Conclusion: As I wrote before, "Landscapes" appears in a huge musical hiatus of the band. Camel wasn't productive for more than six years, since they released "Stationary Traveller" and the DVD "Pressure Points", in 1984. So, this was probably the main reason why Latimer released "Landscapes". I hesitated to rate this compilation with 3 or 4 stars. It seems to be a very good compilation and very representative of the band's history because it has songs from all their studio albums, at the time, with the exception of their eponymous debut album "Camel" released in 1973. Besides, Camel doesn't have bad albums and even their weakest studio albums "I Can See Your House From Here" and "The Single Factor" aren't really bad. Still, "Landscapes" is a collection of Camel's short and more commercial songs. The final result is a good compilation very accessible to the beginners with Camel. So, I decided to rate it only with 3 stars.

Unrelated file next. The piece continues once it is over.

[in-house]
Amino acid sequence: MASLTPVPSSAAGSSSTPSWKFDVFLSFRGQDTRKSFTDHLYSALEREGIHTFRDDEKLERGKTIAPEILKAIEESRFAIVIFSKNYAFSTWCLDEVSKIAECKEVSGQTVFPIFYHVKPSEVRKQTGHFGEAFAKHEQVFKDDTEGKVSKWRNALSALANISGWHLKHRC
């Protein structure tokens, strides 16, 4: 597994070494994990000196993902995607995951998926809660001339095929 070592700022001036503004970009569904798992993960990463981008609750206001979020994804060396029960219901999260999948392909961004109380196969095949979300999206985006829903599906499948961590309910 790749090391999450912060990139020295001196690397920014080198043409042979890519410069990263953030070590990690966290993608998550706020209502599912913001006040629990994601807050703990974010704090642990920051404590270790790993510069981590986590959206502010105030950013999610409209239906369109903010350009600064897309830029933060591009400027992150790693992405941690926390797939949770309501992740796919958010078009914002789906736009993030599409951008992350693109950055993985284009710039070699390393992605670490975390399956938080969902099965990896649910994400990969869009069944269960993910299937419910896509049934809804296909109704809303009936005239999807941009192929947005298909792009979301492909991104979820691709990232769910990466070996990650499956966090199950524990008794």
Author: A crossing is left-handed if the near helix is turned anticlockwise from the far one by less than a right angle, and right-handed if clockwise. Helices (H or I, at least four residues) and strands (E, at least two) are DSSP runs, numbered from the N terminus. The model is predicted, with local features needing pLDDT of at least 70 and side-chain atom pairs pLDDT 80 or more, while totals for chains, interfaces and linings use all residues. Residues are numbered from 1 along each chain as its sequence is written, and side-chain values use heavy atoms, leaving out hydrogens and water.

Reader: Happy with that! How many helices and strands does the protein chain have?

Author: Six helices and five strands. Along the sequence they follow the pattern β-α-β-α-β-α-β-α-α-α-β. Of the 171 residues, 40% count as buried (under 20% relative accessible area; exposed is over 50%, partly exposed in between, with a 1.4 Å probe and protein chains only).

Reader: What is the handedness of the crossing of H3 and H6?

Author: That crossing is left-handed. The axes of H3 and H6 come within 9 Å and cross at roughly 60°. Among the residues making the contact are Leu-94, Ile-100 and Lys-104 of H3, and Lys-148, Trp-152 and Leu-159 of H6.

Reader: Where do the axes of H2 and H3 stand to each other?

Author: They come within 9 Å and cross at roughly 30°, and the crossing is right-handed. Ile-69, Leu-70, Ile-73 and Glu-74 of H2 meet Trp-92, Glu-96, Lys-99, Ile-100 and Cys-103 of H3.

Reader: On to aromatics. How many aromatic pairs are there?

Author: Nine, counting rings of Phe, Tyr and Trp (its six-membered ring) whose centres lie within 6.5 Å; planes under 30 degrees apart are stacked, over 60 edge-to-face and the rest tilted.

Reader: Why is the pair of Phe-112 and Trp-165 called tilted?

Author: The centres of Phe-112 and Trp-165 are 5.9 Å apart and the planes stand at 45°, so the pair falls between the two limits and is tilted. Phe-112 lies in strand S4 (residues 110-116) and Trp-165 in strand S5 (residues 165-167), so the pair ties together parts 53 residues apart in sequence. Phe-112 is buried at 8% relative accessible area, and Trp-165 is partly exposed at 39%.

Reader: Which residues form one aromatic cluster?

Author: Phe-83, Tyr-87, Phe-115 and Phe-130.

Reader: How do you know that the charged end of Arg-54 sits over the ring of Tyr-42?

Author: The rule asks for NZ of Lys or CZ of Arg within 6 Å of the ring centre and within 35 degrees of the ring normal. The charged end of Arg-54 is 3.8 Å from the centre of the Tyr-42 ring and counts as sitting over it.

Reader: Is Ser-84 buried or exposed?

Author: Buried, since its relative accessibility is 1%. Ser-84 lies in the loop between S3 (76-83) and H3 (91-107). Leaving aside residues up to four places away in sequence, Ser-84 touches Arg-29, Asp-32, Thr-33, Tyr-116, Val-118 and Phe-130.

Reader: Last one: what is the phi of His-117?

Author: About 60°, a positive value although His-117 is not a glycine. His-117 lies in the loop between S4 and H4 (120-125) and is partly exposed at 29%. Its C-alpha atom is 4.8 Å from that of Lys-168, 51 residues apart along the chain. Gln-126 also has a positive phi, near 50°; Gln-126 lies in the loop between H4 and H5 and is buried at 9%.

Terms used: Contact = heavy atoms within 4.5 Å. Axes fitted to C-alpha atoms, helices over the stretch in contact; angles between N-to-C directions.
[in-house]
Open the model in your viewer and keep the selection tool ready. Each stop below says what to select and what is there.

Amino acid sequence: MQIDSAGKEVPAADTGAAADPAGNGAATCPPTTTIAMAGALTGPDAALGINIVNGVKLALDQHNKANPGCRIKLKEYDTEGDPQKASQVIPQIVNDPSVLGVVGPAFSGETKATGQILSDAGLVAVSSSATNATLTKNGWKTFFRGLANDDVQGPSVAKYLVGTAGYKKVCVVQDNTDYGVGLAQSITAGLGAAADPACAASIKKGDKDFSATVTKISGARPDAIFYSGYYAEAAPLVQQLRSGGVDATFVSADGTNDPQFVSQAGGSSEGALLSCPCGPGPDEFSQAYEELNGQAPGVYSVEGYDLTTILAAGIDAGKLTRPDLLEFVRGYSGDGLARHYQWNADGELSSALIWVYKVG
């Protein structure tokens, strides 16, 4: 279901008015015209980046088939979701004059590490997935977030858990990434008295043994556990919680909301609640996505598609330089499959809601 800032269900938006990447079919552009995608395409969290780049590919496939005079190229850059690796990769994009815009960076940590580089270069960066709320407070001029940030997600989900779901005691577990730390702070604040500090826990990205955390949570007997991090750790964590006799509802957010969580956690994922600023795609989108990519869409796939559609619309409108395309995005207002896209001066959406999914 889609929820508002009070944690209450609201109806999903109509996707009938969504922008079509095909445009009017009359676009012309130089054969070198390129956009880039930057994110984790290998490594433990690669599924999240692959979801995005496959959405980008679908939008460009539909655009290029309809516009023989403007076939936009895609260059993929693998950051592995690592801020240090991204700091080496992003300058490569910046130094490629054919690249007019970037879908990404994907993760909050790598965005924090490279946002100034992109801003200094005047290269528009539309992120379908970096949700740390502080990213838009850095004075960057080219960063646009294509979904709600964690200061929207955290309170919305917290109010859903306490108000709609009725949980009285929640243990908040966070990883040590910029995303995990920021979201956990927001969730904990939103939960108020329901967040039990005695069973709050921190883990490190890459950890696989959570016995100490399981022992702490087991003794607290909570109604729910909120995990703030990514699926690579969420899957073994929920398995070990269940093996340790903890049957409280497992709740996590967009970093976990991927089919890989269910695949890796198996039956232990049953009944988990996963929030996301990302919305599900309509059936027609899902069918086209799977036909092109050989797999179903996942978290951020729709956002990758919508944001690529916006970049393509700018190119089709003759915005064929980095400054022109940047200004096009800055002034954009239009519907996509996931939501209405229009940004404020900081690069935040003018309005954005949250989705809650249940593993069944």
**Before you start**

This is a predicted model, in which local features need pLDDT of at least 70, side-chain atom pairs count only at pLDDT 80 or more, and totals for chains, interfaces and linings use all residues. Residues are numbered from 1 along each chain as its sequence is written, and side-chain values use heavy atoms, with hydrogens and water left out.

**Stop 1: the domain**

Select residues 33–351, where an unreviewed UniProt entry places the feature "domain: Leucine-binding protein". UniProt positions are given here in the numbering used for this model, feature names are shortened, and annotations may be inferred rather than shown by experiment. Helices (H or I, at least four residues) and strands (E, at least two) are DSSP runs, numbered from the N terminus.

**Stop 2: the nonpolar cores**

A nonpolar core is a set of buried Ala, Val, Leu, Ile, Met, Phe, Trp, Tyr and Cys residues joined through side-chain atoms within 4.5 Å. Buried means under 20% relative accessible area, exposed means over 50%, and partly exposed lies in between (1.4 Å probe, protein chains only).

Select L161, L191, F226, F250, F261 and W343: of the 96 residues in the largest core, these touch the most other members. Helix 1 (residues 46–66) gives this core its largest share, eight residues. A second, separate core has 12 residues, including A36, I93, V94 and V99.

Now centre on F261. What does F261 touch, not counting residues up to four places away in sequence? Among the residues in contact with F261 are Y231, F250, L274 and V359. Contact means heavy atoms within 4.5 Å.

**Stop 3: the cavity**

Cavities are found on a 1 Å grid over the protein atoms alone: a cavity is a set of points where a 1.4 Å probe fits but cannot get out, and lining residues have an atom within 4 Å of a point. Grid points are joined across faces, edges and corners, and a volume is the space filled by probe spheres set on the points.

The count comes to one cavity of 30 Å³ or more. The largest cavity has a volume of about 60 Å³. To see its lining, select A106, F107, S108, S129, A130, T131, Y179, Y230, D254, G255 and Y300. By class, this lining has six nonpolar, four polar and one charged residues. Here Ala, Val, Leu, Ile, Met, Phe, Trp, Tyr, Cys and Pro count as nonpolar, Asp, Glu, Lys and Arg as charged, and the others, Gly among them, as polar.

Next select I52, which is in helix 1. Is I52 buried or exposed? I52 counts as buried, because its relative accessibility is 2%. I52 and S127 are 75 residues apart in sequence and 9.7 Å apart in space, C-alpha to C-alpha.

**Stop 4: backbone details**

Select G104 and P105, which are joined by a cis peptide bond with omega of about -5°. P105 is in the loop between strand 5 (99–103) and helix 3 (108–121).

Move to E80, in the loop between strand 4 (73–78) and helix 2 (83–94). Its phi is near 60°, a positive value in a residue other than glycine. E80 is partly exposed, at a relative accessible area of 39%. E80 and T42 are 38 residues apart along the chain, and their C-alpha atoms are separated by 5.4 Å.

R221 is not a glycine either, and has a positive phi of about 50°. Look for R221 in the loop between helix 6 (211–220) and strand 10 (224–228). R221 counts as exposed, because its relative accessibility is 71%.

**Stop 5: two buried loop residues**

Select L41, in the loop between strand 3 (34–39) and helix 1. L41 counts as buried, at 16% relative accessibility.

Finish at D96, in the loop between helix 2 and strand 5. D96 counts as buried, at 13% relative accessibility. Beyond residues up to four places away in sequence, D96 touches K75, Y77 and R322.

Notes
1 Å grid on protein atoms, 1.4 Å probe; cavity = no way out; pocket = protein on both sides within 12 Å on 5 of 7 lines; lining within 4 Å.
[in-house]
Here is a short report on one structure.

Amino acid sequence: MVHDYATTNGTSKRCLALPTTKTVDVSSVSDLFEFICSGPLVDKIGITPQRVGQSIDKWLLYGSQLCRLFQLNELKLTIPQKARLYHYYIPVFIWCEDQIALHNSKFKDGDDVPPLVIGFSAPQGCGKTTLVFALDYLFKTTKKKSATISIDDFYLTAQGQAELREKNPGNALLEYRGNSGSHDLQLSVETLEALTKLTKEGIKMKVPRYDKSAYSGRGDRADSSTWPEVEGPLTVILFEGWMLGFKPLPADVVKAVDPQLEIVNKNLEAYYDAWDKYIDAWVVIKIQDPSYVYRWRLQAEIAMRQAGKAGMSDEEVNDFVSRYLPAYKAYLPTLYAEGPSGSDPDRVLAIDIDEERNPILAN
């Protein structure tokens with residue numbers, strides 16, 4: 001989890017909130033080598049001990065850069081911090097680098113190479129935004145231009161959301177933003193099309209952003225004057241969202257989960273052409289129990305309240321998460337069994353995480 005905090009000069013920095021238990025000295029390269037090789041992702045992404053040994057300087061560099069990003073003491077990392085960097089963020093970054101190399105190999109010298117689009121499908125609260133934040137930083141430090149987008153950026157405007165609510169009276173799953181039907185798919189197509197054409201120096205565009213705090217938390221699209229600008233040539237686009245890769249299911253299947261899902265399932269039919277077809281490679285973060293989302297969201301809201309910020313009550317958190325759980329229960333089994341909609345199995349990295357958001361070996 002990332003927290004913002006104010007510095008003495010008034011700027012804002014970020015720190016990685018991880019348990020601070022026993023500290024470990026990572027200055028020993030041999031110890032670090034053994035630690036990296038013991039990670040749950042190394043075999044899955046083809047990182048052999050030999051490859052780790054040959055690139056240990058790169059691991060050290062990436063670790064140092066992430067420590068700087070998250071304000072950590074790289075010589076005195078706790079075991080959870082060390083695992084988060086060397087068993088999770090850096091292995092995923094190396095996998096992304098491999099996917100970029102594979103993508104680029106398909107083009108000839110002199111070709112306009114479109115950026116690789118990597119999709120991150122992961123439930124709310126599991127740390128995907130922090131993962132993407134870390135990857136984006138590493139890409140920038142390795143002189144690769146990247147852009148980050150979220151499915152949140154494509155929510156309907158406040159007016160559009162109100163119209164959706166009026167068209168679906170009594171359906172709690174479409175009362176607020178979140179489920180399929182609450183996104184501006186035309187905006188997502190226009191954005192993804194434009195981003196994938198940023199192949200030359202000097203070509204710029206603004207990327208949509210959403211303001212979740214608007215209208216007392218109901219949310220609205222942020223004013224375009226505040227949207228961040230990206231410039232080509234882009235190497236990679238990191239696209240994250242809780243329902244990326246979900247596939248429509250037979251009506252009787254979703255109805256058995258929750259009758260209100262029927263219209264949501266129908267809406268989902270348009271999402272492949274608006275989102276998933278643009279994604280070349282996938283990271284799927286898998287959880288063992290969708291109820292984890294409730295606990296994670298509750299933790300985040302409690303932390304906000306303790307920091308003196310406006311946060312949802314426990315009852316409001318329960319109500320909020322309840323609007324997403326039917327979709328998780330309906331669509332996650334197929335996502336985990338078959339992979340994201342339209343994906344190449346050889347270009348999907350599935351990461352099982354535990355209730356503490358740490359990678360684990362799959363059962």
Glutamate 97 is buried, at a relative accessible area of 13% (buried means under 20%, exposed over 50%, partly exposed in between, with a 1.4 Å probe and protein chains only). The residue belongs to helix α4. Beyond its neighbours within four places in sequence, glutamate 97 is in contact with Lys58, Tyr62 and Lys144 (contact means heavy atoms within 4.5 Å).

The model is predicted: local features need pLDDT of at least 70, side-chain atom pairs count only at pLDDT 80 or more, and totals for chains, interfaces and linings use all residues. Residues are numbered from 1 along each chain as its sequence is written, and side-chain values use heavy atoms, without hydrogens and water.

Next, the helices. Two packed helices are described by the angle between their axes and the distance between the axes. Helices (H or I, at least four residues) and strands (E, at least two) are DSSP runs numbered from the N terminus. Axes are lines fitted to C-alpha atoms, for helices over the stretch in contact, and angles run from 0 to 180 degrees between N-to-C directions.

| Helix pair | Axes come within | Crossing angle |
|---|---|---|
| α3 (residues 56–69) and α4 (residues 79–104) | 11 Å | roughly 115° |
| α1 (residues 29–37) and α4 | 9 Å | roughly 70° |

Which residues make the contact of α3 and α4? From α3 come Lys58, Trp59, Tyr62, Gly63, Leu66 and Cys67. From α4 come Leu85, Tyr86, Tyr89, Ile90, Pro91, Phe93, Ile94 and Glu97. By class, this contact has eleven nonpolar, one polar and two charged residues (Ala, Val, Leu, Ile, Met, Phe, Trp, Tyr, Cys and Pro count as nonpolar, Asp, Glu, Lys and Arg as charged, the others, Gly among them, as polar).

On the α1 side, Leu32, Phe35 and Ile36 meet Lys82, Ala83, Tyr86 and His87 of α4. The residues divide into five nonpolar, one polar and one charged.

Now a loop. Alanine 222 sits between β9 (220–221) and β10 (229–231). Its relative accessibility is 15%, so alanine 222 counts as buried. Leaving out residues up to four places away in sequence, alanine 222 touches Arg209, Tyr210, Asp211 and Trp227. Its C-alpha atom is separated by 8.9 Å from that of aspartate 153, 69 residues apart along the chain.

Prog is my Ferrari. Jem Godfrey (Frost*)

Latest members reviews

3 stars "Landscapes" is a collection of some of Camel's shortest songs (the longest one here is "Echoes" with 7:16) and sometimes more "commercial" songs. It's not a bad album at all because some of the tracks are excellent (there is material from "Mirage", "The Snow Goose", "Moonmadness", "Rain Dance ... (read more)

Report this review (#51314) | Posted by DACE | Wednesday, October 12, 2005 | Review Permanlink